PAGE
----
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It was confirmed yesterday Fulton Hogan had no dedicated vacuum trucks for cleaning mud-tanks based in Dunedin.
Instead, it subcontracted the work to Invercargill company Cleanways, which sent vehicles north when a backlog of work built up, council roading maintenance engineer Peter Standring said.
The news came amid complaints from some residents, who blamed inadequate mud-tank maintenance for contributing to the flooding problems.
DCC works department labourer and driver Tom Moore - who worked to clear mud-tanks for the council - blamed outsourcing for reducing service levels.
Mr Moore said the council's in-house service ran two dedicated suction trucks in the 1980s and 1990s, which circled the city clearing mud-tanks year-round.
That meant each tank could be cleaned ''two or three times a year'', he said.
Outsourcing saw the service steadily reduced until Fulton Hogan did not even have a dedicated vacuum truck in the city, he said.
It also had two smaller sweeper trucks - capable of limited suctioning - in Dunedin, but he had ''never seen them being used''.
''[Fulton Hogan's] methodology for mud-tank servicing now involves a person driving around in a ute and inserting a long stick into mud-tanks, [and] making a judgement call on whether it needs serviced or not.
''If it does, it goes on a list for the next time the subcontractor is doing some work for them.''
The council also took the lowest bid by a company capable of doing the work, meaning ''price was everything''.
''If quality has to suffer to get a cheap price, then so be it,'' Mr Moore said.
Mr Standring confirmed the contractual arrangements yesterday, and the absence of dedicated suction trucks, but defended the approach.
The alternative was a ''gold-plated'', inefficient service which the council had moved away from 12 years ago, he said.
Fulton Hogan had held the council's urban maintenance contract - worth about $8.8 million a year - since 2008, but had to meet performance standards.
That included keeping 95% of mud-tanks clear and functioning at all times, as assessed by council staff in weekly and monthly random audits.
Fulton Hogan staff also carried out regular inspections around the city to note mud-tanks needing attention, he said.
The most urgent could be vacuumed immediately, by Fulton Hogan's smaller sweeper trucks or other Dunedin contractors, he said.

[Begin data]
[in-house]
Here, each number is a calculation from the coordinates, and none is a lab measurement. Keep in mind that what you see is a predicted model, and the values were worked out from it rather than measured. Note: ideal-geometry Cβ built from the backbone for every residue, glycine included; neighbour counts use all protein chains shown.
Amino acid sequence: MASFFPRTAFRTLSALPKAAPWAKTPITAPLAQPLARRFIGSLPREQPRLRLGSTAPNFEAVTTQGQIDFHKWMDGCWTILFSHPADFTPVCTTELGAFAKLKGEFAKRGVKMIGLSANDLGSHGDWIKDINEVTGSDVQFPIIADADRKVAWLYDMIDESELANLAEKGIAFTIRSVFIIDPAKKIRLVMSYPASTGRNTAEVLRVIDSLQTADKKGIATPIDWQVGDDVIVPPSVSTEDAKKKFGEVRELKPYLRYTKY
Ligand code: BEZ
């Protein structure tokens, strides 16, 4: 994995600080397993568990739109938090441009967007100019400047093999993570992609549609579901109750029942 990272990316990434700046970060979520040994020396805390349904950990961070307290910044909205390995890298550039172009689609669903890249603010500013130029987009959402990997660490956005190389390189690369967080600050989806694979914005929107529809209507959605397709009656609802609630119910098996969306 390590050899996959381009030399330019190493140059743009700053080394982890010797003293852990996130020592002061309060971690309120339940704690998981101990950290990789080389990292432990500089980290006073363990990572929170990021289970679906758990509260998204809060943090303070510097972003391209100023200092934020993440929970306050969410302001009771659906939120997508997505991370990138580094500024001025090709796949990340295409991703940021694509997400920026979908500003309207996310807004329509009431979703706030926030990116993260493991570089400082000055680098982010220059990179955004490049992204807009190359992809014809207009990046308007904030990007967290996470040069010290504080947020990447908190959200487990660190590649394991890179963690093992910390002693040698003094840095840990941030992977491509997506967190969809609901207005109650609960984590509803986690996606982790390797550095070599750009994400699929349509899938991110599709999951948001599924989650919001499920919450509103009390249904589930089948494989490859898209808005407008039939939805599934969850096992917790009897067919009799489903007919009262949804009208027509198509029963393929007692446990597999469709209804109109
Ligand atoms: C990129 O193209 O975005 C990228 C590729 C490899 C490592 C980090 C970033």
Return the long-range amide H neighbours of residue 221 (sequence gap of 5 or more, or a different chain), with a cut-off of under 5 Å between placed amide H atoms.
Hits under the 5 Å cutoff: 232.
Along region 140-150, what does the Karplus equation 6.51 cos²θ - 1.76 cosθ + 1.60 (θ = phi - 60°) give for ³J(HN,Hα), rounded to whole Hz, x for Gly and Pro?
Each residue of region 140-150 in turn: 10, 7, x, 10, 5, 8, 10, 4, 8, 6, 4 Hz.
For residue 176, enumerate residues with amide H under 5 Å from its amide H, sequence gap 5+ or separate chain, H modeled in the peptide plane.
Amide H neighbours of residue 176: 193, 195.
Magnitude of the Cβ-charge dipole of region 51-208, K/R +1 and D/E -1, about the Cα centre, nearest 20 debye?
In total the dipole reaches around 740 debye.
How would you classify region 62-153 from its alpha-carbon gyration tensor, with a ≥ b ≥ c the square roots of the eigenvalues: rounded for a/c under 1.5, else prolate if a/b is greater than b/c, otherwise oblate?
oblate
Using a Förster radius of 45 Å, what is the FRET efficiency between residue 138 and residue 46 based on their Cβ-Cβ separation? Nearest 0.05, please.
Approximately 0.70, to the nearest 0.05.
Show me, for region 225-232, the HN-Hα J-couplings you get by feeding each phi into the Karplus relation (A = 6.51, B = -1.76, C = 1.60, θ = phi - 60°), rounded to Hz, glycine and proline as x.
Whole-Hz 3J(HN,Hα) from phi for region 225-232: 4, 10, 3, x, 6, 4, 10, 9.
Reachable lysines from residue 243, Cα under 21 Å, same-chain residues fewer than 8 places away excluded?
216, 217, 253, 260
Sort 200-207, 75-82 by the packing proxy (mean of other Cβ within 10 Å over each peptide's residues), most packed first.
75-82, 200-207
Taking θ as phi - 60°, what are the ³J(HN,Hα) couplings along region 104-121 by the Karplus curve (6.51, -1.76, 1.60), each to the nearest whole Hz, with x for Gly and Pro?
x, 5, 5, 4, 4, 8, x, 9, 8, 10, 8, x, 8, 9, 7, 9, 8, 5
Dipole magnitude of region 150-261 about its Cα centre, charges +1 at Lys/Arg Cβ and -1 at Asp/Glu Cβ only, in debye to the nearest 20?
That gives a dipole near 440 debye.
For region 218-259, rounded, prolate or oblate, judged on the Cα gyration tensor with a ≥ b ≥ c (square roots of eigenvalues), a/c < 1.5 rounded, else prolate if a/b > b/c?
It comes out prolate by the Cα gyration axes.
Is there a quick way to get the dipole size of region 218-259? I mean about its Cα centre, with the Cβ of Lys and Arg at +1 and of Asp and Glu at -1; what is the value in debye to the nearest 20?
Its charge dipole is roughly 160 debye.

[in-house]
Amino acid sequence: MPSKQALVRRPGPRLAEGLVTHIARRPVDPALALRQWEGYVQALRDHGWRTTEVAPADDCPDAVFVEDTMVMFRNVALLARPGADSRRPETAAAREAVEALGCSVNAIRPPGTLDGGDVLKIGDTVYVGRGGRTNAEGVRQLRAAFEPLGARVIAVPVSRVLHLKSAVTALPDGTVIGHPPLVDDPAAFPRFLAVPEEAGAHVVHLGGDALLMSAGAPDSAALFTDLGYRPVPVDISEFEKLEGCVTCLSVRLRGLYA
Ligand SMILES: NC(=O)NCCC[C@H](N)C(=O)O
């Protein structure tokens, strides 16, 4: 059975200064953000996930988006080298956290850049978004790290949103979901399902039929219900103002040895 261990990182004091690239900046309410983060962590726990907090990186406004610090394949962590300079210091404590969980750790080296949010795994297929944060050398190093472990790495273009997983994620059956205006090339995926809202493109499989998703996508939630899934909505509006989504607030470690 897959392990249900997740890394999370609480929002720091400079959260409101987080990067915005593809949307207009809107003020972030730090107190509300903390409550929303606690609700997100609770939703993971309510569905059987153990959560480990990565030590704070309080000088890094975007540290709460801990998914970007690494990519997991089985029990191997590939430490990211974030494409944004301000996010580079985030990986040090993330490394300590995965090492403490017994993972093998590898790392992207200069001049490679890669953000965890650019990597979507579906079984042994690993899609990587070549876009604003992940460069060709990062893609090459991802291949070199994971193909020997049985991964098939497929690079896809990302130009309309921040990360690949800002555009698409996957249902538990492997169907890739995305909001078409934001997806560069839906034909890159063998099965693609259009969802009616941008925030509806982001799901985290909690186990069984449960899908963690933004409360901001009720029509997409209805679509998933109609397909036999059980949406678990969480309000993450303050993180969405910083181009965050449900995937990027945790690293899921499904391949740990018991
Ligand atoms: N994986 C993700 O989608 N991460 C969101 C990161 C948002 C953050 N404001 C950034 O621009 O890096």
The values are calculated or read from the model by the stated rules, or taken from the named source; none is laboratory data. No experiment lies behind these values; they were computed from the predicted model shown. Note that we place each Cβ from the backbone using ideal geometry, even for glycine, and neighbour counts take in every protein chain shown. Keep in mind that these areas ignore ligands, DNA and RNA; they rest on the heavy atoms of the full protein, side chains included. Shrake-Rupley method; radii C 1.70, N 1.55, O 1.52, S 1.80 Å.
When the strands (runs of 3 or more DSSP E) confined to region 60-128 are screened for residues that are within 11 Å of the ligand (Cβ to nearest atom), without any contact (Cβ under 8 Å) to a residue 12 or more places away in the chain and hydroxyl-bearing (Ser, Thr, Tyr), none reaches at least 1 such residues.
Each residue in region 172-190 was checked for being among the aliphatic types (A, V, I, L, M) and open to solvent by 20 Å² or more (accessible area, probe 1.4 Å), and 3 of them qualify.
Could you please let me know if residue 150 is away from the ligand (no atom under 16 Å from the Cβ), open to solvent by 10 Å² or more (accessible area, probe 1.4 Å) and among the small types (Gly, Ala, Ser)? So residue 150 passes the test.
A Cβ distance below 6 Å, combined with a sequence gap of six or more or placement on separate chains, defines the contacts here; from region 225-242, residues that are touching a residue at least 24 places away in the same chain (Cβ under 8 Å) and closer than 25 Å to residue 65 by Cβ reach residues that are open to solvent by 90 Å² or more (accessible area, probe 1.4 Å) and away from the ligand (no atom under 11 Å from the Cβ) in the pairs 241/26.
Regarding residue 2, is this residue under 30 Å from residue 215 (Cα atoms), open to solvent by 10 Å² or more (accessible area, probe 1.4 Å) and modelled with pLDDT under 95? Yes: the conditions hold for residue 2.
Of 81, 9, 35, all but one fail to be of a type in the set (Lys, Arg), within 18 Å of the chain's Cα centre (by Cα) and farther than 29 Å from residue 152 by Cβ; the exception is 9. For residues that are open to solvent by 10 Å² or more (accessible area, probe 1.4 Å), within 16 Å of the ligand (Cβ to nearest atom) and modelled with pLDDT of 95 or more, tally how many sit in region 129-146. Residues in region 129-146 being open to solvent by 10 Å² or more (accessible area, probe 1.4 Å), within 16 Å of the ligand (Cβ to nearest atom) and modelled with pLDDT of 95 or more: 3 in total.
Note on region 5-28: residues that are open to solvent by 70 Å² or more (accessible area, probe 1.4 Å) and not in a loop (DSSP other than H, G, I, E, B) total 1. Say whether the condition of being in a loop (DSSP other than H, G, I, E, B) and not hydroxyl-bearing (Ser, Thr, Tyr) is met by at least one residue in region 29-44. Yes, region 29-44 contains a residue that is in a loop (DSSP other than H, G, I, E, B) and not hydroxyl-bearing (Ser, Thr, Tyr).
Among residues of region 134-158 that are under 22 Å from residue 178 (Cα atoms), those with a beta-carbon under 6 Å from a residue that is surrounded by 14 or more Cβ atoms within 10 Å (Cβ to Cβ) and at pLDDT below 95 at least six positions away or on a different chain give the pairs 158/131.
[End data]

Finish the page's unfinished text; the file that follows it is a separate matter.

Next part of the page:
Otherwise, they were added to a list to be addressed the next time Cleanways staff visited the city, he said.
Fulton Hogan's most recent inspection of South Dunedin mud-tanks was in January. A council audit on April 30 checked just 10 of the area's 1900 mud-tanks, but found a pass rate of 80% - below the 95% council requirement.
Mr Standring said that would only be a concern if the trend continued, leading to more ''intensive'' action.
The council also relied on public reports, which critics this week have said went without a response from the council or Fulton Hogan.
Mr Standring insisted all calls were followed up, and just because people did not see work under way did not mean it was not happening.
In some cases, mud-tanks spewing water were ''bubble-up tanks'', designed to siphon water from one part of the system to another, so no action was required.
Otherwise, Fulton Hogan staff were notified, and inspections had to be carried out within set response times.
''They haven't got the option to not go out,'' he said.
Mud-tanks found to be within acceptable limits - typically less than half-full of silt and with grates free of debris - required no further action, while others in need of non-urgent attention were added to the work programme for attention later.
Mr Standring insisted the real culprits behind South Dunedin's problems were last Wednesday's 1-in-100-year rainfall and the limited capacity of the area's stormwater network.
''I'm not sitting here telling you every mud-tank out there is perfect ... but I don't think the mud-tanks played a significant part in this at all.''
Mud-tanks identified in public complaints since the flood had been checked again and passed fit, as had the council's monitoring of mud-tank maintenance during an independent assessment earlier this year.
Fulton Hogan regional manager Grant Sime did not respond to requests for comment.